Last night I got a chance to hear John Mackey, Whole Foods CEO and Michael Pollan, author of The Omnivore's Dilemma at UC Berkeley. It was a fascinating evening of discourse mainly about the future of food and less about the ongoing debate between the author and CEO (which has been well documented in a series of letters posted in the blogs of Whole Foods and Michael Pollan).
While I was encouraged to hear so much discussion of issues such as fair trade, sustainability, animal welfare, biodiversity, local and organic, I was dismayed at how none of the conversation was spent on dealing with the issue of hunger.
The charge of elitism is sadly given short shrift by many leaders in the debate about the future of food. It seems if you are middle class the question of how much you should spend on your eggs is more worthy than the question of how we can make sure the poor get any eggs at all.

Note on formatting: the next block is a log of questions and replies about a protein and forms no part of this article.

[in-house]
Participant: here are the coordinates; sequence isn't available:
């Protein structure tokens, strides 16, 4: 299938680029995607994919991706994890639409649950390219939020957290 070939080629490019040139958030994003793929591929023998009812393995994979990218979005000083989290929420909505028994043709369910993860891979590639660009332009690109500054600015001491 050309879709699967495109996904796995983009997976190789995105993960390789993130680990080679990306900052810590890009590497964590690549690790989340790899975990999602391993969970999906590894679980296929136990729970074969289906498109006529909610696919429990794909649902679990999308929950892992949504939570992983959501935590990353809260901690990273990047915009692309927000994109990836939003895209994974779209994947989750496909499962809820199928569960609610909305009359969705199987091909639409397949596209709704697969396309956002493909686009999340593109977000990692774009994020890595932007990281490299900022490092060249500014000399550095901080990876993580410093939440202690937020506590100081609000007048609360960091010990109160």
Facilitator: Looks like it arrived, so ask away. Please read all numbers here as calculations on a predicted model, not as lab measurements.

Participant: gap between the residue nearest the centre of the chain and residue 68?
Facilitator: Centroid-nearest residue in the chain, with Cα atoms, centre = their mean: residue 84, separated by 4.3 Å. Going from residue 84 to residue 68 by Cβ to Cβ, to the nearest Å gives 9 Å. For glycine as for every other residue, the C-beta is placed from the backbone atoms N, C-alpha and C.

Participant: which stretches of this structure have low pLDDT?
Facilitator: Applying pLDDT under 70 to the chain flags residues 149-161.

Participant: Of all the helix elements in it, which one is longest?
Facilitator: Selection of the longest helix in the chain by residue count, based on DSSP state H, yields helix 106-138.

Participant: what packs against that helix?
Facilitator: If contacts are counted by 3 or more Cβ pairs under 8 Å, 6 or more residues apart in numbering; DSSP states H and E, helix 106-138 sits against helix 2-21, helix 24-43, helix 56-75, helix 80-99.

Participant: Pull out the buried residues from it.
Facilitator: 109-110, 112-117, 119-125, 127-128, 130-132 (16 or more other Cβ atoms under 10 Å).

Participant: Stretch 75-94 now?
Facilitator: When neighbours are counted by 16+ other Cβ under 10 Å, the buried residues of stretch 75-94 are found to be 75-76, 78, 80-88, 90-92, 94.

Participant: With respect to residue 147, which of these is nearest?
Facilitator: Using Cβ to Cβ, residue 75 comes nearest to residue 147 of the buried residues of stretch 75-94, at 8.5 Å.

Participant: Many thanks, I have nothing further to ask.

I'm glad I have the resources to make enlightened decisions about the food I buy and eat, but it disturbs me to think of how many people do not share that same luxury, they struggle just to get any food on the table. For them the question is "what eggs?" not "which eggs?". Surely education can help all consumers, those with and without means, make better food choices. But any discussion of sustainability ought to include at least a mention of how we make life more sustainable by making good food affordable and attainable for all.
Over at Bay Area Bites is my recap of the Michael Pollan & John Mackey discussion at Zellerbach Auditorium.